Edmund Melson Clarke DL Author Profile link

United States – 2007
Short Annotated Bibliography

Note: When work was published in both a conference proceedings and a journal, I have summarized the journal form due to its more polished and archival nature. Two exceptions to this are the original conference papers defining model checking (1981) and symbolic model checking (1990), for which I cite the conference version.

  1. Clarke, E. M., "Synthesis of resource invariants for concurrent programs", ACM Transactions on Programming Languages and Systems, Vol. 2 No. 3, July 1980, pp. 338–358, DOI: 10.1145/357103.357109This is an early bridge from programmer-derived proofs of correctness to machine-derived proofs. Owicki and Gries had proposed resource invariants as an approach to proving correctness of concurrent programs. Clarke presents an algorithm for deriving such invariants. Clarke’s elaboration of this work ultimately led to his development of model-checking with E. Allen Emerson.
  2. Clarke, E. M. and E. A. Emerson, "Design and synthesis of synchronization skeletons using branching time temporal logic", Proceedings of Workshop on Logic of Programs, 1981, pp. 52–71.The focus of this work is the synthesis of concurrent programs from specifications written in temporal logic, with model checking presented as a secondary result. The early algorithm presented here was quadratic in the number of states. It was quickly improved to the more efficient one described in the next paper. Together with the independent work by Quielle and Sifakis, this paper represents the first description of model checking.
  3. Clarke, E. M., E. A. Emerson and A. P. Sistla, "Automatic verification of finite-state concurrent systems using temporal logic specifications," ACM Transactions on Programming Languages and Systems, Vol. 8, No. 2, April 1986, pp. 244–263, DOI: 10.1145/5397.5399.This is the first complete and efficient explicit-state model checking algorithm. This paper reflects the recognition, incomplete as of the writing of the 1981 paper, that checking the properties of previously-written algorithms was more broadly applicable than the synthesis of algorithms from specifications in temporal logic.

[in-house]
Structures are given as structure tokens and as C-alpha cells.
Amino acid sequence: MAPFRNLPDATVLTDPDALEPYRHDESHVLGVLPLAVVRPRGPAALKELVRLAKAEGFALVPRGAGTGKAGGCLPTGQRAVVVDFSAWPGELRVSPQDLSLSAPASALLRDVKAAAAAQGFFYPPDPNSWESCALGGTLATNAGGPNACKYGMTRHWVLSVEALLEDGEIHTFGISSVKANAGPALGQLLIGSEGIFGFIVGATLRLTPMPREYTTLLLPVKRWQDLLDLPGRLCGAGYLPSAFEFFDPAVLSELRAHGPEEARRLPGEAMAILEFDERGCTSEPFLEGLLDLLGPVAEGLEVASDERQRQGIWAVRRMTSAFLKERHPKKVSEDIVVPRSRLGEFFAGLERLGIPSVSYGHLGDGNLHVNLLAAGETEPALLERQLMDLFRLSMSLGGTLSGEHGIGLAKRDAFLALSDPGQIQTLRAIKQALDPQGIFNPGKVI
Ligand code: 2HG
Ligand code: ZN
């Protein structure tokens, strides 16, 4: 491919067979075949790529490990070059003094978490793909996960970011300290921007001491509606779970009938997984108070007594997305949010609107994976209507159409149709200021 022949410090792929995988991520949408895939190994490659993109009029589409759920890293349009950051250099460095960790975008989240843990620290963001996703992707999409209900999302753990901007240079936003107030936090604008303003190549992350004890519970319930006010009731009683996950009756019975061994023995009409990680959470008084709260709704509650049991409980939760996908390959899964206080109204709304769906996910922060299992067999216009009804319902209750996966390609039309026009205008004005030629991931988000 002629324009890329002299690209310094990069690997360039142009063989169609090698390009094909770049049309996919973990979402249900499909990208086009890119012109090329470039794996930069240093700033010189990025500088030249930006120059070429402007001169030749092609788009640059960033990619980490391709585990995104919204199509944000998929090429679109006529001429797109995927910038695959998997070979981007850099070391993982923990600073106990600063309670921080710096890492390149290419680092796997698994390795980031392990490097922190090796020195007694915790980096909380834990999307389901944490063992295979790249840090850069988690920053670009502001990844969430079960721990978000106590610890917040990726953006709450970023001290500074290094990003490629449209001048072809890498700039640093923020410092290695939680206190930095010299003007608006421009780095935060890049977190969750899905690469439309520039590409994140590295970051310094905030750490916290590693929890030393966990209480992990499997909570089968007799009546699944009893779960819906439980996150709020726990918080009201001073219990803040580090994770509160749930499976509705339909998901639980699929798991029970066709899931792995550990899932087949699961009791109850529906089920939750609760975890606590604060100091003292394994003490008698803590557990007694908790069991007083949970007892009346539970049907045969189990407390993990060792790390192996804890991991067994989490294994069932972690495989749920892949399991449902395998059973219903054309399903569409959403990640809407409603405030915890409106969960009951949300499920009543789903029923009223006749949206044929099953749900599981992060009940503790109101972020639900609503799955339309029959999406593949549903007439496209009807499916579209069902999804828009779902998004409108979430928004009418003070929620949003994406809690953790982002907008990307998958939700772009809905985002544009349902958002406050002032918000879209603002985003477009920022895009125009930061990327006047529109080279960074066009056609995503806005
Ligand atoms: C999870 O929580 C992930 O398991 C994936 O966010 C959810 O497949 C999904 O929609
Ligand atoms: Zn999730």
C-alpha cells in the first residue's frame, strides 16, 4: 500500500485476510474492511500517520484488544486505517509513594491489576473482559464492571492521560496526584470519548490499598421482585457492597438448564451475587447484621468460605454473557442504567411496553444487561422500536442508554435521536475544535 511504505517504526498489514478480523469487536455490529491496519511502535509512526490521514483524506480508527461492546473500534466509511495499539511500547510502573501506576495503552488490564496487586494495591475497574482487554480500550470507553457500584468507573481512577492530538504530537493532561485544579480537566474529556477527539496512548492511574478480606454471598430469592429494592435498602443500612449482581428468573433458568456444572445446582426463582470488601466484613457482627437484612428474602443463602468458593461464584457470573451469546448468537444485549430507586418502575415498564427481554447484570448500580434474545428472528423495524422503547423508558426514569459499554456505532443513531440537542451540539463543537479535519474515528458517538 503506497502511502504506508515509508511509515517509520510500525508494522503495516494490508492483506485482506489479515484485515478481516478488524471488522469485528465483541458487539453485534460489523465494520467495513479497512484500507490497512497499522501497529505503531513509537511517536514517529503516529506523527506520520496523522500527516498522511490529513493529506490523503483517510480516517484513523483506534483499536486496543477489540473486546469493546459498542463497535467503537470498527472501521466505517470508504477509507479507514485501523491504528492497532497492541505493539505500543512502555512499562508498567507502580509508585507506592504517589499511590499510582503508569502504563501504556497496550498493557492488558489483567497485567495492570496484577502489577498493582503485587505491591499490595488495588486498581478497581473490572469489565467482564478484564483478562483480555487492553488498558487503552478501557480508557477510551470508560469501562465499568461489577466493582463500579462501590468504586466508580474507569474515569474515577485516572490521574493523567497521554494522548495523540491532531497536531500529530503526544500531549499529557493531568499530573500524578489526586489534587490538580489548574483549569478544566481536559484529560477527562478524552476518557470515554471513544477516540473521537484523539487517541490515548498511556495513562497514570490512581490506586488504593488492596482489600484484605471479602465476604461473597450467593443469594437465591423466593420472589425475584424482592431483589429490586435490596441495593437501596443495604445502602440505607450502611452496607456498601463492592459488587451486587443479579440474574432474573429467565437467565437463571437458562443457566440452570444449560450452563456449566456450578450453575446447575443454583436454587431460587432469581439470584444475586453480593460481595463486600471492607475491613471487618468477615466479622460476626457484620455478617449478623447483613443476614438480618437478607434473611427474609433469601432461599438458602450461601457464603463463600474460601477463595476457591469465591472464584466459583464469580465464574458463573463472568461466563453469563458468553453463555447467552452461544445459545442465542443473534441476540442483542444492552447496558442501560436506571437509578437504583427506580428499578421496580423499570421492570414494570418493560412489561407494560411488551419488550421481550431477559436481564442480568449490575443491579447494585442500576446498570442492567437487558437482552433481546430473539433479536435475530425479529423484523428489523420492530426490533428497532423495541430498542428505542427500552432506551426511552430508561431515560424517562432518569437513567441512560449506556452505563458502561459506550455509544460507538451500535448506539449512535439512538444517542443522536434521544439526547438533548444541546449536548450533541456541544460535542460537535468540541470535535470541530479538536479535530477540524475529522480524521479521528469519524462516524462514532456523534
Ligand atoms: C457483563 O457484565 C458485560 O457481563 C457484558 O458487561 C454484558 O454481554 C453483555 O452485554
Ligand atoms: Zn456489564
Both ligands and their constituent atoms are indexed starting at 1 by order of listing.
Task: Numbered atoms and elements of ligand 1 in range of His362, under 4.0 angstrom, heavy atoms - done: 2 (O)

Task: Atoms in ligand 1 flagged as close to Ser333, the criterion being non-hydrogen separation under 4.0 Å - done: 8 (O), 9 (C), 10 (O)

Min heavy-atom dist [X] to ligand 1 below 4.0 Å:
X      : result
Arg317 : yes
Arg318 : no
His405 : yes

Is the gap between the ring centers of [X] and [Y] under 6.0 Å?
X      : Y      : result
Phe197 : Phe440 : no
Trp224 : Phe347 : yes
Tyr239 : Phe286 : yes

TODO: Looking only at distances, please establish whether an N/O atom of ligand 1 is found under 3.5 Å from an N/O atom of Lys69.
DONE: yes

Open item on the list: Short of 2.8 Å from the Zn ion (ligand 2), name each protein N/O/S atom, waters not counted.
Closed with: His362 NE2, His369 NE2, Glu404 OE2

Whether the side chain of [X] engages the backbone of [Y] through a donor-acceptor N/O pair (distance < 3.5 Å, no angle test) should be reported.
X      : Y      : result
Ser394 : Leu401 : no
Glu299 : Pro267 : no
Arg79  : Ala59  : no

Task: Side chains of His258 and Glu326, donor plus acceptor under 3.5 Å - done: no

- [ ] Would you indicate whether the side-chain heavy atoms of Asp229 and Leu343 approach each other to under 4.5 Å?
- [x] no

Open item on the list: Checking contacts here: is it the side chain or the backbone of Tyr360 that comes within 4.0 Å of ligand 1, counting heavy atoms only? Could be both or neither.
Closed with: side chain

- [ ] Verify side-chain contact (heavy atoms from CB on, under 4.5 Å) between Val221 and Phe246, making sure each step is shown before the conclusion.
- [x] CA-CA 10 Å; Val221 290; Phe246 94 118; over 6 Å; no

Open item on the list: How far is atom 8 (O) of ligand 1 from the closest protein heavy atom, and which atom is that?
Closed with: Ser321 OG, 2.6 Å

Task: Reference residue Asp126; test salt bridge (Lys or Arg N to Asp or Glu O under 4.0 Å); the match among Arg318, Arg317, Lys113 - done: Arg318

4. Burch, J. R., E. M. Clarke, K. L. McMillan, D. L. Dill and L. J. Hwang, "Symbolic model checking: 1020 states and beyond," Information and Computation: Selections from the 1990 IEEE Symposium on Logic In Computer Science (LICS), 33 pp.Symbolic model checking uses the binary decision diagram (BDD) representation to radically expand the state space that can be realistically analyzed by model checkers. This paper was awarded the Logic In Computing Science (LICS) 2010 Test-of-Time award.
  5. Clarke, E. M., O. Grumberg, H. Hiraishi, S. Jha, D. E.Long, K. L.McMillan and L. A. Ness, "Verification of the Futurebus+ cache coherence protocol," Formal Methods in System Design, 6, 1995, pp. 217–232, DOI: 10.1007/BF01383968. This documents a landmark effort: applying the symbolic model checking methods described in the previous paper to a large, industrially significant bus protocol. The authors verified configurations with as many as 1030 states. This was the first formal analysis to find errors in a proposed IEEE standard.
  6. Clarke, E., A. Biere, R. Raimi and Y. Zhu, “Bounded model checking using satisfiability solving,” Formal Methods in System Design, Vol. 19, 2001, pp. 7–34. DOI: 10.1023/A:1011276507260 An introduction to bounded model checking, which uses SAT solvers to rapidly search for counterexamples to a proposed system property. The SAT solvers can often find counterexamples more quickly than the BDD-based implementations of earlier symbolic checkers. The SAT-based methods are limited, however, by the requirement to set a prior bound on the length of counterexamples. For most systems and their properties, a bounded model checker will not be able to rule out the existence of counterexamples, as a counterexample may exist that is longer than the bound set for the checker.
  7. Clarke, E. M., O.Gumberg, S. Jha, Y. Lu and H. Veith, "Counterexample-guided abstraction refinement for symbolic model checking," Journal of the ACM, Vol. 50, No. 5, September 2003, pp. 752—794, DOI: 10.1145/876638.876643. CEGAR—CounterExample-Guided Abstraction Refinement—is another technique addressing the state space explosion. A system is initially represented in highly simplified form, for which counterexamples are found. A counterexample to this approximation may not in fact be a counterexample to the full system. CEGAR checkers verify whether such a counterexample to the simplified system also is a counterexample to the full system. If it is not a counterexample, the simplified representation is made more precise, allowing it to accept the former counterexample. Checking then proceeds with this refined, more precise form.